Secretary-General Guterres, Prime Minister Trudeau, Prime Minister Holness, Excellencies, colleagues, friends.

Debt sustainability assessments and trade negotiations have something in common. They sound arcane and technical. But they are fundamentally about people: about people's living standards, opportunities and aspirations.

20 years ago, we thought that the Highly Indebted Poor Countries and Multilateral Debt Relief initiatives would solve the debt problem. And they did, for a good two decades. But multiple crises, from the financial, economic and food crises of 2008-2009, to localized impacts of climate change, epidemics and now COVID-19, have left many poor countries and even emerging markets in debt distress, with little fiscal space to cope or to finance the SDGs post-COVID.

So that is why we are here. We thank the Secretary General and Prime Ministers Trudeau and Holness for convening this meeting.

Trade and debt sustainability are closely linked.

By closing off export opportunities and lowering commodity prices, COVID-19 has worsened debt dynamics for many developing countries.

The collapse of export receipts from tourism has prompted balance of payments difficulties for many developing countries, especially island economies from the Caribbean to the Pacific and Indian Oceans.

At the onset of the crisis, trade finance dried up for several low-income countries, as foreign banks cut existing credit lines or refused to endorse letters of credit unless guaranteed by others. Without trade finance, countries can import basic necessities only by paying cash in advance.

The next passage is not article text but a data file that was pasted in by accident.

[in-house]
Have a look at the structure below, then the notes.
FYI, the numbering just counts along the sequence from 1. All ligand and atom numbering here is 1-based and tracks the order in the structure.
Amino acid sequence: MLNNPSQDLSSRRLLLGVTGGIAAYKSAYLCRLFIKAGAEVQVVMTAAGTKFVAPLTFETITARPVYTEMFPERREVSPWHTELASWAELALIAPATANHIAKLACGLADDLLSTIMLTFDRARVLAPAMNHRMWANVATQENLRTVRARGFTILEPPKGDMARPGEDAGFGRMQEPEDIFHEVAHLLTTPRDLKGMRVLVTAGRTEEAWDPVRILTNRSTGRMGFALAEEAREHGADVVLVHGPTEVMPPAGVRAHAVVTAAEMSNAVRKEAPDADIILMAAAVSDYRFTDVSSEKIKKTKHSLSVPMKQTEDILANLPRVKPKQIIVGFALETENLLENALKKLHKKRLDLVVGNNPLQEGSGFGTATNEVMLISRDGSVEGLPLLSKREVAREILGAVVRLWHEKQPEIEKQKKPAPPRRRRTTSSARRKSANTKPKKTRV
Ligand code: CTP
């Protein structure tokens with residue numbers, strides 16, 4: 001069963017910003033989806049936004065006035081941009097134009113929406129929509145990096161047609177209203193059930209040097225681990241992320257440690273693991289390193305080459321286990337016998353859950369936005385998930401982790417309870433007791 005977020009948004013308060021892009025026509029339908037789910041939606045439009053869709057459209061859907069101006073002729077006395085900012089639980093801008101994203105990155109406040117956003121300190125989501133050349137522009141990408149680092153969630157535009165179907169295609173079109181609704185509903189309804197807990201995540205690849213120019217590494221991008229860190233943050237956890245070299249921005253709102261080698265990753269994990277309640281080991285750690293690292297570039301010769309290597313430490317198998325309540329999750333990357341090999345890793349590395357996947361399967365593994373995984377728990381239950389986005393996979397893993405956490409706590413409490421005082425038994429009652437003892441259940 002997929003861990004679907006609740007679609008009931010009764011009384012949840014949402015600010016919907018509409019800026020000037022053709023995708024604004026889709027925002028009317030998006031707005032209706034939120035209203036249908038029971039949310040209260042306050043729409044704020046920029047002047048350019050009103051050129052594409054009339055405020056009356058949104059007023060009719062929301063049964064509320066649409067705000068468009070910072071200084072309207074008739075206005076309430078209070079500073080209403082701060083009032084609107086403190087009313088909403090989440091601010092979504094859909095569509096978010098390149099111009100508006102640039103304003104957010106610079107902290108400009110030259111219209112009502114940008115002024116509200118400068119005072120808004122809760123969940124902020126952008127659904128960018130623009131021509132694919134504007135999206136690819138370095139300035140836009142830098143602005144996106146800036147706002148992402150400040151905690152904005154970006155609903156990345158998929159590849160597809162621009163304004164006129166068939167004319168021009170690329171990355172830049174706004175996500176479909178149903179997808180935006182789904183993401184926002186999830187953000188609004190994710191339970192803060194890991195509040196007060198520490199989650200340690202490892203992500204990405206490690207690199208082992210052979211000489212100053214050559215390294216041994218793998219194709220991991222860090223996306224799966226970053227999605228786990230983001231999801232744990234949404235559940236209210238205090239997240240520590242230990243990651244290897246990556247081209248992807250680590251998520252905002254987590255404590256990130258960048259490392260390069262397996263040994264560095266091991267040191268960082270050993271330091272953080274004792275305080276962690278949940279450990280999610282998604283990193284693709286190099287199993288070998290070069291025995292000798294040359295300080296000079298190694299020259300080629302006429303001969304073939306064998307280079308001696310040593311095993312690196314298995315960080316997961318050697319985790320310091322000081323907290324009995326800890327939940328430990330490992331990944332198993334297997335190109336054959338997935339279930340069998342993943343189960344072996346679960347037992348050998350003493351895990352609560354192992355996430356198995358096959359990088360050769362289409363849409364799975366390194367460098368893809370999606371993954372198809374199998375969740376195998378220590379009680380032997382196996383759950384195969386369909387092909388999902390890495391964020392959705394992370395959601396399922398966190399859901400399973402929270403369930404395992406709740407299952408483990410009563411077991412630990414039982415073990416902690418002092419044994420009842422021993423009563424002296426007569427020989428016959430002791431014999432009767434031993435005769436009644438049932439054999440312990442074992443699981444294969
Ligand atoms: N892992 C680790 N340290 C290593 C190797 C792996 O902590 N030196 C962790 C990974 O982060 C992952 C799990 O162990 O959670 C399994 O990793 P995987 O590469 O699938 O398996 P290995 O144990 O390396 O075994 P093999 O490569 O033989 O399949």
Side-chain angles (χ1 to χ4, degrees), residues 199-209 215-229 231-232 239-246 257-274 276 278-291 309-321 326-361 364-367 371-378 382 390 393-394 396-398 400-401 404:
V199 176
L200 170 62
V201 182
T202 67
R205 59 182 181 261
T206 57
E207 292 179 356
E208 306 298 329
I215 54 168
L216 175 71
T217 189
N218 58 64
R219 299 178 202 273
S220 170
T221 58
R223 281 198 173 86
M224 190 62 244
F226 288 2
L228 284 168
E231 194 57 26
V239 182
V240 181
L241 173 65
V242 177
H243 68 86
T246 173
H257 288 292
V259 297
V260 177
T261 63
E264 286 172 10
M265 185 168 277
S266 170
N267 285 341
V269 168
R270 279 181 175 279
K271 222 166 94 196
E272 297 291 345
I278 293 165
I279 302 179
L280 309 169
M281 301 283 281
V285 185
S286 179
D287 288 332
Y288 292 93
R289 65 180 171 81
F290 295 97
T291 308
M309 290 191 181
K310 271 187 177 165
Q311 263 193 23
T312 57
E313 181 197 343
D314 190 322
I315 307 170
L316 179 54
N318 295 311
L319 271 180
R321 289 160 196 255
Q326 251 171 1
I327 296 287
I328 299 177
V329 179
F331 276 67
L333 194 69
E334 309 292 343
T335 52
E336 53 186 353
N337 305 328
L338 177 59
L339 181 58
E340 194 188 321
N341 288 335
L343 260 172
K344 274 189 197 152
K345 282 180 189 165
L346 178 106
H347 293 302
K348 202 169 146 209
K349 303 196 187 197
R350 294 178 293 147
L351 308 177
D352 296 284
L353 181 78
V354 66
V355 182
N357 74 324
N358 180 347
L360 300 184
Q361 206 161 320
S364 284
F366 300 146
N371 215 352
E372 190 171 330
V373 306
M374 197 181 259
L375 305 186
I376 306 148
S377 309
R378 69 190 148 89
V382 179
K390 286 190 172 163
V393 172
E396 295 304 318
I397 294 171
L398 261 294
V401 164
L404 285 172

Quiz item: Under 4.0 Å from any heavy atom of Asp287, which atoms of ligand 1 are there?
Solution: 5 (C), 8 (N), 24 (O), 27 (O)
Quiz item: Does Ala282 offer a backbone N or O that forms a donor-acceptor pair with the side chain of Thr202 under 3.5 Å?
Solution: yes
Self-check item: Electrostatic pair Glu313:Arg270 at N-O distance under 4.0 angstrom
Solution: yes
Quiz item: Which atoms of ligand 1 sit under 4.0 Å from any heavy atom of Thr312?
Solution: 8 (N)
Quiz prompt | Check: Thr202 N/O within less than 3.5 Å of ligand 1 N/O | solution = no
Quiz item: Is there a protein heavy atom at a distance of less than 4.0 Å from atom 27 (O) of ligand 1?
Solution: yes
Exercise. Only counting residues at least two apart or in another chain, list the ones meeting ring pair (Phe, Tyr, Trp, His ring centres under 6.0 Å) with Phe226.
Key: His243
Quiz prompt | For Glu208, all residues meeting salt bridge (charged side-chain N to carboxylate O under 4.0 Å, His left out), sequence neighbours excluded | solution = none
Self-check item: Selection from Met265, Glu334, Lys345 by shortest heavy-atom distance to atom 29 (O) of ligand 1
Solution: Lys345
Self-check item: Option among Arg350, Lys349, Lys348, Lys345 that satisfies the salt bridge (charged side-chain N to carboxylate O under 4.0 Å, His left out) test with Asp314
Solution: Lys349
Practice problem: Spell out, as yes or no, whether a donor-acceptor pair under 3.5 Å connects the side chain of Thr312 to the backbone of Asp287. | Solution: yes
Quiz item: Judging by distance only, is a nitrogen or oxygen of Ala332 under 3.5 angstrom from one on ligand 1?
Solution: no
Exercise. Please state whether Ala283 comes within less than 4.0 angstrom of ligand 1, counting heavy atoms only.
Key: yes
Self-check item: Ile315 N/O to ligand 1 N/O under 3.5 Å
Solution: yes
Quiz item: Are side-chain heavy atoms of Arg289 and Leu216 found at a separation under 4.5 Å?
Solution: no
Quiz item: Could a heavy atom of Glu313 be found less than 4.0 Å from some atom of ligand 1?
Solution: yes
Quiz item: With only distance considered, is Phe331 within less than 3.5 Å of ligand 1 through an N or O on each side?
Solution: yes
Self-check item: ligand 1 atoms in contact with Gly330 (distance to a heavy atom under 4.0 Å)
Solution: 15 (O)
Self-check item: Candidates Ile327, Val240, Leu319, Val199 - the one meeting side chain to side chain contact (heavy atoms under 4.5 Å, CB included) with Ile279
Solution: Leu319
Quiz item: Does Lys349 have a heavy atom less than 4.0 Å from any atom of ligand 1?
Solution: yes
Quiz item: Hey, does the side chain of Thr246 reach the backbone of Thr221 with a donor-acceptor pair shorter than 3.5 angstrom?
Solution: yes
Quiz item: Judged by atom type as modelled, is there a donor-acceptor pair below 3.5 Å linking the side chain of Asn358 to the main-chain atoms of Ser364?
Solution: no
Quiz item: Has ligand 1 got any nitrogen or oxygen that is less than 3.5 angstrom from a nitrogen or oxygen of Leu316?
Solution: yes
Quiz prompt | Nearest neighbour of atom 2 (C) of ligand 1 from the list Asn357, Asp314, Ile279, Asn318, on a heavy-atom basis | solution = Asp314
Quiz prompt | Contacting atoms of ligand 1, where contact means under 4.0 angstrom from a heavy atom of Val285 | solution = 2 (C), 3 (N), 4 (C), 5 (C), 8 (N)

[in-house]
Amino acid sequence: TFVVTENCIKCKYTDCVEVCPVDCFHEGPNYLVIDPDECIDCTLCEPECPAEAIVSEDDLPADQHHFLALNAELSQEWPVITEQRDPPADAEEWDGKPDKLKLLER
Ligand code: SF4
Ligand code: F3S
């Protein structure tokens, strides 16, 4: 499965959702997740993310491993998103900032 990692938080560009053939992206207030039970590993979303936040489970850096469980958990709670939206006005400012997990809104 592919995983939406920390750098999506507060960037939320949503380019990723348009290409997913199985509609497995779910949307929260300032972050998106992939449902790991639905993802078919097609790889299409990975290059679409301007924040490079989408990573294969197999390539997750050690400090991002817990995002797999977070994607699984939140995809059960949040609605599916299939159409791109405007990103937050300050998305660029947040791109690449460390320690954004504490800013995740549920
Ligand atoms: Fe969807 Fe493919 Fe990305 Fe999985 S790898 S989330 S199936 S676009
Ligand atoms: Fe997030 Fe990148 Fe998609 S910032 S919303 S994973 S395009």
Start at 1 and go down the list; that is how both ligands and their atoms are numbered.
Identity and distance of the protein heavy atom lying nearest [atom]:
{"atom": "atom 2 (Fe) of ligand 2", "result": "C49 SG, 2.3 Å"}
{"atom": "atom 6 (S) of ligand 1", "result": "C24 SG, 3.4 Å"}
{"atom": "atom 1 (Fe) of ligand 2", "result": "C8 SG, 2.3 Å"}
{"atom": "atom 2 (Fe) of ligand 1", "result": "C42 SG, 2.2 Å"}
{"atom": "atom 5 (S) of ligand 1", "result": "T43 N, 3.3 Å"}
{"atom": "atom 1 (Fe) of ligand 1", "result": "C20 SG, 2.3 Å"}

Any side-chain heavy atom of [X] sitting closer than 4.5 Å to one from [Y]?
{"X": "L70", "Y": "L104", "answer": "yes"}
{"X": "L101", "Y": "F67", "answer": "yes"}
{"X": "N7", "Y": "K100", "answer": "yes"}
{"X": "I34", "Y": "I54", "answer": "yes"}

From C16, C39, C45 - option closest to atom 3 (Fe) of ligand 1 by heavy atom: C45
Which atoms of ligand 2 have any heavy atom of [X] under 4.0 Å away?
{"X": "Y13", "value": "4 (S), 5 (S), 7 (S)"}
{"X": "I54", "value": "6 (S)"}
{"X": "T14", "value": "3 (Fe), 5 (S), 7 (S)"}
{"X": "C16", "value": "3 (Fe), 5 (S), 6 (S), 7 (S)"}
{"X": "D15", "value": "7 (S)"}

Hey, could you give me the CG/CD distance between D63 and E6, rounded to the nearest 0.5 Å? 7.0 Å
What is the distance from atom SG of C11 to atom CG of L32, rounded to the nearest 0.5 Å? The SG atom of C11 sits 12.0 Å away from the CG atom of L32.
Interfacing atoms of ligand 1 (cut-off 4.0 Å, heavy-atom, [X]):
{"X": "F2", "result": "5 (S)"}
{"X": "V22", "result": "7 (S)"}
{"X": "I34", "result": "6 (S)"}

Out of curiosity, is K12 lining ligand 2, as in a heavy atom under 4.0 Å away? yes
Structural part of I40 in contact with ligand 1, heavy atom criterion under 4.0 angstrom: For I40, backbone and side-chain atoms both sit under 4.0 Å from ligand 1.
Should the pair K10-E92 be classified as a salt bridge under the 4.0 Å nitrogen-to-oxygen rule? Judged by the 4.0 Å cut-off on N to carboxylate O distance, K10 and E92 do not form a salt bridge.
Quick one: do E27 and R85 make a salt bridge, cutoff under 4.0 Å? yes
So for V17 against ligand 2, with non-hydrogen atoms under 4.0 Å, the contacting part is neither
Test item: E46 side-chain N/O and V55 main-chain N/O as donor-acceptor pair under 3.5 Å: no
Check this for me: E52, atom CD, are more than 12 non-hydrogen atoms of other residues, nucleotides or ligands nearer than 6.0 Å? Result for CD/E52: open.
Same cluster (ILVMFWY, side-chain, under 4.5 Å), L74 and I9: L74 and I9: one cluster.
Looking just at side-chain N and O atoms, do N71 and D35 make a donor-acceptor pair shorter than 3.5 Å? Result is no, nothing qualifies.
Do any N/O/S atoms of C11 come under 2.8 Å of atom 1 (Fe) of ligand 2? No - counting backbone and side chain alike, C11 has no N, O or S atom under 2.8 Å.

Action on trade can help alleviate debt pressures.

Lowering trade barriers gives countries more opportunities to push down their debt-to-exports ratios. Addressing supply-side constraints and improving access to trade finance would help them take better advantage of market opportunities.

By delivering results at the WTO this year, including at our Twelfth Ministerial Conference, governments can reinforce the predictable framework of rules that underpin global trade, and enhance the ability of countries to earn the foreign exchange they need.

As we saw with the example of Nigeria in 2004-2005, action on debt and financing can help rekindle investment, growth and trade.

That is why the G20 Debt Service Suspension Initiative (DSSI) is so important, as is the Paris Club's endorsement of the Common Framework.

Positive signs about a new SDR allocation and an accelerated IDA20 are also very welcome. This would provide fiscally constrained countries with resources to prevent imports from contracting — and to finance purchases of COVID-19 vaccines to redress the present inequality in access.

Nevertheless, fiscal sustainability for debt-distressed developing countries demands an enhanced DSSI: A debt service standstill till end 2022 and even mid-2023 by all bilateral official creditors. For countries with unsustainable debt burdens, this should be supplemented by haircuts to private creditors in the context of an IMF program. For countries with sustainable debt, the IMF and World Bank should provide financing even before official restructurings have finalized.

Ample concessional financing is needed to get these LICs and MICs durably on to their feet. In return, they must be ready to undertake the necessary structural reforms to make economic growth and financing sustainable. New fiscal space should be used to build back better: to green the economy and enhance sustainable development.

Twenty years ago, multilateral debt relief paved the way for faster growth and human development.

It is time to act again.

Lost decades are a policy choice. We can — we must — do better.




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